Penn Central Conference mourns communications minister
The Penn Central Conference and the wider United Church of Christ are remembering the devotion of Brenda Waleff to her family and to her church as a testament of a Stillspeaking God. Waleff died on Tuesday, Aug. 9, at age 55.
“Brenda epitomized the role of UCC cheerleader, and was highly regarded by many across our church for the significant grassroots leadership role she played during the early days of the Stillspeaking Initiative,” said the Rev. J. Bennett Guess, who worked closely with Waleff first as news director and editor of United Church News, and later as the UCC communications director. “She had very few pieces in her wardrobe that weren’t black or red.”
Waleff, serving as the communications minister for the Penn Central Conference since 2000, was dedicated to maintaining all the communications within the conference and its 195 congregations and members through the conference website, monthly mailings and newsletters. She was the liaison between the conference office, located in Harrisburg, Penn., and the national office in Cleveland. She became the first commissioned minister of communications in the UCC in 2011. Waleff also organized the conference’s annual meeting.
The Rev. David Bushnell, interim conference minister for Penn Central, described how Waleff, the longest tenured person on the conference staff, was a cohesive force in the office.
“Brenda was our minister of communication, and from that perspective she was the one who shared who we were as a conference in a broad and wonderful way in keeping people informed,” he said. “She was always the one who helped us prepare messages sent out to the conference in every aspect of our mission and ministry. She was the hub that kept information flowing.”
“Brenda exemplified contagious enthusiasm and optimism for the United Church of Christ,” Guess said. “Rarely seen without a comma emblem somewhere on her person, she ranks among the people who most embraced the UCC’s ‘God is Still Speaking’ proclamation. She even developed Penn Central’s own product-line of UCC marketing materials that became popular far beyond her home state.”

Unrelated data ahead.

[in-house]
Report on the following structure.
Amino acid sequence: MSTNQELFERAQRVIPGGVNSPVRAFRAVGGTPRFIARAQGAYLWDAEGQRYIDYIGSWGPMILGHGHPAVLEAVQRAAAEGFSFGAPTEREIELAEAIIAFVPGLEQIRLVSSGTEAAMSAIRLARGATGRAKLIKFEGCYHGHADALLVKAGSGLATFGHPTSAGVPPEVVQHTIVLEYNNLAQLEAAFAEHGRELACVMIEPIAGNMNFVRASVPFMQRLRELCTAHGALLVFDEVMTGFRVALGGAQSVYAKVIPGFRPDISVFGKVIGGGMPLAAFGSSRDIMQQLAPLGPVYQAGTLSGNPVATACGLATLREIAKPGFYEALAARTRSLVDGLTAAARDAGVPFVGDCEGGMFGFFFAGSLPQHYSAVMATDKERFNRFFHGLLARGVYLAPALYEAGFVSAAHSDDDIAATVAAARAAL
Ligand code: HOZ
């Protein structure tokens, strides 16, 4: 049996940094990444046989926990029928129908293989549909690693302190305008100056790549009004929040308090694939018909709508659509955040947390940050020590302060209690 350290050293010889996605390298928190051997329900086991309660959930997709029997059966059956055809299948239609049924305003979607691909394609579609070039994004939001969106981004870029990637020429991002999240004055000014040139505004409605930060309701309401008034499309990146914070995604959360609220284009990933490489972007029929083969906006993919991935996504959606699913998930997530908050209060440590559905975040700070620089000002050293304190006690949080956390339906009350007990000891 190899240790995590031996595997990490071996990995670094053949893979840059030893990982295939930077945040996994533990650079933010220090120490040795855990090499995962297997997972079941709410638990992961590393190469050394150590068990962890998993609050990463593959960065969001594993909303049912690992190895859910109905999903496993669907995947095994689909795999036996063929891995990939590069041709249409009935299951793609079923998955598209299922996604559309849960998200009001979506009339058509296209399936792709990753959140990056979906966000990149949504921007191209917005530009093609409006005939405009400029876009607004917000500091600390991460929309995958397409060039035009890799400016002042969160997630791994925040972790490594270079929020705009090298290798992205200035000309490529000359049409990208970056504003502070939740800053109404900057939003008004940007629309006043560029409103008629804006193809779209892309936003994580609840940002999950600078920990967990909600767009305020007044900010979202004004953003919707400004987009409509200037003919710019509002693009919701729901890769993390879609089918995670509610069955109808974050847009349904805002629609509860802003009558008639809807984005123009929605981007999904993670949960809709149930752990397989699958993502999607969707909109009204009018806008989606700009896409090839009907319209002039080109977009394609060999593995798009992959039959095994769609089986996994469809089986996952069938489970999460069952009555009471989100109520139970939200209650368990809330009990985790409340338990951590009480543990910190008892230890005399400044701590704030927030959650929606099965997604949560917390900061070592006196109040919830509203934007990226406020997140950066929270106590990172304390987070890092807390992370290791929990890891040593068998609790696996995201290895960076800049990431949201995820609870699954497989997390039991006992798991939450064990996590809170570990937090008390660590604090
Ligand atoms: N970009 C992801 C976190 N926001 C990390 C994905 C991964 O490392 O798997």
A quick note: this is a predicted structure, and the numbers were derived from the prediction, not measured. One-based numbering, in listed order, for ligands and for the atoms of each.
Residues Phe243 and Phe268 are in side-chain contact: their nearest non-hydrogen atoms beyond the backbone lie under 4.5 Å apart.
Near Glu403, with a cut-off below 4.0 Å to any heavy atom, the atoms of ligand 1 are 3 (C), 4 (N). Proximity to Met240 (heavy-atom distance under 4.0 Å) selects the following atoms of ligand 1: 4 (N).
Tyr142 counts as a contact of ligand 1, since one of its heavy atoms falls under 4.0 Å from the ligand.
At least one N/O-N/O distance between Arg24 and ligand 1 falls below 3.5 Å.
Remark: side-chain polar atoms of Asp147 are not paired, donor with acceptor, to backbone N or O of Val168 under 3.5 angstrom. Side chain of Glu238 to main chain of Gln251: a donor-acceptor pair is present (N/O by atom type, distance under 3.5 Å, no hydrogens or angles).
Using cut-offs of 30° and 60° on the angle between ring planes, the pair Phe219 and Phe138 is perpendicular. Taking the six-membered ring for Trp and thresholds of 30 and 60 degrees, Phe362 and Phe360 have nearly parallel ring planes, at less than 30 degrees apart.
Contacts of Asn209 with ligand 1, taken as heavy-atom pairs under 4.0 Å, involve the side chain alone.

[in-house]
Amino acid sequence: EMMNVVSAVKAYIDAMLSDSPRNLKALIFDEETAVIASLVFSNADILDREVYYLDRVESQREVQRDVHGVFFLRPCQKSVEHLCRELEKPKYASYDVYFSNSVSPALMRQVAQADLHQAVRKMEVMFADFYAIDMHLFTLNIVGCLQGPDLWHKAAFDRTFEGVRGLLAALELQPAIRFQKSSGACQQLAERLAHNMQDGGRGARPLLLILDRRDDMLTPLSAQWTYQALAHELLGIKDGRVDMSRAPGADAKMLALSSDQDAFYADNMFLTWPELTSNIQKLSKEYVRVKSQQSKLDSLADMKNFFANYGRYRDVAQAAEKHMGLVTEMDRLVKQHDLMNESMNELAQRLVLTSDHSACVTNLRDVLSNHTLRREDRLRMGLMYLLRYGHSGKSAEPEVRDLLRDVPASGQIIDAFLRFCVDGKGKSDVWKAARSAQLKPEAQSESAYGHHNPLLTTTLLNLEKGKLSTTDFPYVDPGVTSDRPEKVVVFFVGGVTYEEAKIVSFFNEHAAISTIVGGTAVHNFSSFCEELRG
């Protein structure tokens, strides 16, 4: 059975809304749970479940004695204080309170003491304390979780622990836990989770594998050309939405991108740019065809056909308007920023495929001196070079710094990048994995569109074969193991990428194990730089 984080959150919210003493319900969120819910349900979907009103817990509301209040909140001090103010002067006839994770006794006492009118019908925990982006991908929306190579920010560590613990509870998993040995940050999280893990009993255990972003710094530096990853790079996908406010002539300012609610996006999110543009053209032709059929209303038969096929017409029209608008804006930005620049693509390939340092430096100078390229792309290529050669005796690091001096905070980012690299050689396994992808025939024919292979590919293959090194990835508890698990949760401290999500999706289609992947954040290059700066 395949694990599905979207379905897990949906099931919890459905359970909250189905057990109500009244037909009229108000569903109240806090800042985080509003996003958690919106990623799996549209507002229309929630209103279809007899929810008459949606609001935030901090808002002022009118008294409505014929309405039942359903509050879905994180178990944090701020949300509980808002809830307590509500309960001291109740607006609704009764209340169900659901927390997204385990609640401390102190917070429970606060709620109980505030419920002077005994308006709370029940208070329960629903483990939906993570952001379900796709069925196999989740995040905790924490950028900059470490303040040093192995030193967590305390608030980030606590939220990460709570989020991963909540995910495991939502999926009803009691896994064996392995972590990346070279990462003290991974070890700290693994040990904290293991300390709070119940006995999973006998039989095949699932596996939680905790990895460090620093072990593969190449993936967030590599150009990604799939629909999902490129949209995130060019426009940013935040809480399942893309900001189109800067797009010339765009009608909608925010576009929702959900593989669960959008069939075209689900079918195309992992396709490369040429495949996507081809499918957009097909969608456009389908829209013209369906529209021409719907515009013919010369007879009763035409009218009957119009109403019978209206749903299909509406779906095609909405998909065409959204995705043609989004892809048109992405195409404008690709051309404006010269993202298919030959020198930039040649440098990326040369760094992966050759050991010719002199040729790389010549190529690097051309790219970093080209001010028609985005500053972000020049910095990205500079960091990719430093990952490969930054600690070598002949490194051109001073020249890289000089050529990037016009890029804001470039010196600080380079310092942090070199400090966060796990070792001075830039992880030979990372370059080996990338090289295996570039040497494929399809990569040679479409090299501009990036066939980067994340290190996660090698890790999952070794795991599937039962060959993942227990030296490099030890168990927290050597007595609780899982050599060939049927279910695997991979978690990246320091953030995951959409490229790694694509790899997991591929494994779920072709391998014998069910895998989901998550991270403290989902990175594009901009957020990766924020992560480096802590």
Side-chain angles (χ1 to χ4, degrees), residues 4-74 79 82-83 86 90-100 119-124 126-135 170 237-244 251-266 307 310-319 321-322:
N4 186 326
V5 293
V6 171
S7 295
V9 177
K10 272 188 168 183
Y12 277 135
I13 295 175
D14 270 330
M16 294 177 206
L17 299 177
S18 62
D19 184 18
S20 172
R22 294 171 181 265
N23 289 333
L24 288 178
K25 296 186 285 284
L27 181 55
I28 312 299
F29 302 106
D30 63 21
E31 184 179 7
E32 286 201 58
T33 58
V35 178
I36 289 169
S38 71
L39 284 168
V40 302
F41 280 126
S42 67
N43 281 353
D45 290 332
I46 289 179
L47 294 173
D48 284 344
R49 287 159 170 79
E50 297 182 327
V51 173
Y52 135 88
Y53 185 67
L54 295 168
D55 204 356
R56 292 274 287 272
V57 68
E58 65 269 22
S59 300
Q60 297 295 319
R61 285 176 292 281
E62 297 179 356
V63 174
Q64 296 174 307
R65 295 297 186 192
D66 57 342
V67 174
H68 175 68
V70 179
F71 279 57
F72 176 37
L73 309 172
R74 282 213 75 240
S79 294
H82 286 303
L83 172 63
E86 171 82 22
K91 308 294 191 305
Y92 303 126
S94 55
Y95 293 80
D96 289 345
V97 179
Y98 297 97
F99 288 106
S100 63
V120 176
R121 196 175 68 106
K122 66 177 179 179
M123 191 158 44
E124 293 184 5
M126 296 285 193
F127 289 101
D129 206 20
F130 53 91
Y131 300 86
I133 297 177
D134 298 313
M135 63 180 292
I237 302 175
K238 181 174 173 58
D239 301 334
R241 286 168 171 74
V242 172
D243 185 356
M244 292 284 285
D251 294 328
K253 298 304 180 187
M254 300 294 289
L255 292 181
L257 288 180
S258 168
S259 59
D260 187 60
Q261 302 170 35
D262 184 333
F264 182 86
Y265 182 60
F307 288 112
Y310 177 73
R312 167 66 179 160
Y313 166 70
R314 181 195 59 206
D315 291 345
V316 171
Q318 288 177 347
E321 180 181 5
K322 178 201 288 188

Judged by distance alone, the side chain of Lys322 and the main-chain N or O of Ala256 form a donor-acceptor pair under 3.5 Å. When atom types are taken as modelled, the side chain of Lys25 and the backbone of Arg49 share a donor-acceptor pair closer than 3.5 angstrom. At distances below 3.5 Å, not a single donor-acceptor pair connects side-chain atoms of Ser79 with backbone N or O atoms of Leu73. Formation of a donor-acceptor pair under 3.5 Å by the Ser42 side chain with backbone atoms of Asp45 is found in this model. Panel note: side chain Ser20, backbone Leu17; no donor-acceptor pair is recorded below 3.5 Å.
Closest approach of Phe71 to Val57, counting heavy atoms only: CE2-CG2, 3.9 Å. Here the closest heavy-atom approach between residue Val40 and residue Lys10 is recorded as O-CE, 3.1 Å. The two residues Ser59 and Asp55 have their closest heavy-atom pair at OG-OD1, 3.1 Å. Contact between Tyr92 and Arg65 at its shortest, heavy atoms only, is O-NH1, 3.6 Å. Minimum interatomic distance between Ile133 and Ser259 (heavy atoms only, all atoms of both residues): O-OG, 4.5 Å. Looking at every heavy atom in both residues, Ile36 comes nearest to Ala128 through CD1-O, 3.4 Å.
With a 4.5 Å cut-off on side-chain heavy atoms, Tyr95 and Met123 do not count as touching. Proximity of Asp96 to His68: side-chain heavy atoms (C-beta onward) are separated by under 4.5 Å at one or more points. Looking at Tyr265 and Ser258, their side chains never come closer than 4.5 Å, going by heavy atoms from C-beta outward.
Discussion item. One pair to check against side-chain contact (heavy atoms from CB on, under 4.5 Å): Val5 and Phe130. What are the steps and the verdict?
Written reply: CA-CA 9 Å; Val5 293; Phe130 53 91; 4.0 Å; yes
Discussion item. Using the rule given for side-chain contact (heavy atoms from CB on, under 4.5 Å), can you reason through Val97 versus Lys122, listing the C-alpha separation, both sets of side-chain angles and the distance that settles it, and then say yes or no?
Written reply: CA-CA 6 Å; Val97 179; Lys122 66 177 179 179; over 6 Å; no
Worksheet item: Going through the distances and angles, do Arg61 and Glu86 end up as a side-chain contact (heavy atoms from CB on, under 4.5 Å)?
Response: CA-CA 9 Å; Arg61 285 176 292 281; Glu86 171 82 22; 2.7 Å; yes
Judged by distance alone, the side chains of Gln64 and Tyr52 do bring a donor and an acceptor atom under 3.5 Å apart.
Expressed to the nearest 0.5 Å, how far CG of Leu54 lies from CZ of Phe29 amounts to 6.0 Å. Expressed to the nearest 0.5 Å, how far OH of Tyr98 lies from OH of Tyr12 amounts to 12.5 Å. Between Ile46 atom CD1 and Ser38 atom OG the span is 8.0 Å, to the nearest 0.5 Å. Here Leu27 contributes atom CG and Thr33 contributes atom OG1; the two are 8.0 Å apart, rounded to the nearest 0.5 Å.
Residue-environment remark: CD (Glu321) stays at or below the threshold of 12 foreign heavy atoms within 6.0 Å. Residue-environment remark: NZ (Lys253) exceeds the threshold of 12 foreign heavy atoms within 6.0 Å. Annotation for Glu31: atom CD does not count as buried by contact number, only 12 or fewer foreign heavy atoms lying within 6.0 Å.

The Rev. Ron Buford, pastor of Congregational Community Church of Sunnyvale (Calif.), and one of the architects of the Stillspeaking campaign, wrote that, “Brenda was a tremendously powerful and effective advocate for ‘God is Still Speaking.’ Her stories from the congregations she served and inspired were some of the very best to share.”
During previous General Synods of the UCC, Waleff was often disseminating news and information about the conference delegation back to Central Pennsylvania, and collaborated with national staff as a contributor.
The Rev. Marja Coons-Torn, former conference minister for Penn Central, said that Waleff was “a deep and generous source of information. She knew our Annual Meeting protocols forwards and backwards; and she loved Annual Meeting time, even though it was exhausting for her, I’m sure. She was regularly trying to learn new things… She was not afraid to go out to our churches and preach and teach about life together in the wider church. She was an excellent communicator.”
“But maybe all that pales next to her role as mother, wife, and friend,” Coons-Torn said. “Brenda was fiercely proud of her children and their accomplishments. She wanted them to have the best and broadest experiences.”
A graduate of Shippensburg University in 1983, Waleff was a member of the UCC Disabilities Board of Directors, playing a role in helping that ministry raise $100,000 for the Virginia Kreyer Scholarship, an annual scholarship for theological education in honor of the foremother of Disabilities Ministries movement in the UCC.
Waleff was a member of Faith UCC, in Grantville, Penn., and served on the consistory there and is chairperson of the outreach team. She was active in the community as well, serving as the PTSO president of the high school her son attends and the president of the Central Dauphin Ice Hockey Club.
“She genuinely loved this church and its people, like few others I have met, and served all of us with distinction, determination and great creativity,” Guess said.
She is survived by her husband, Lou, and children Megan and Dustin.
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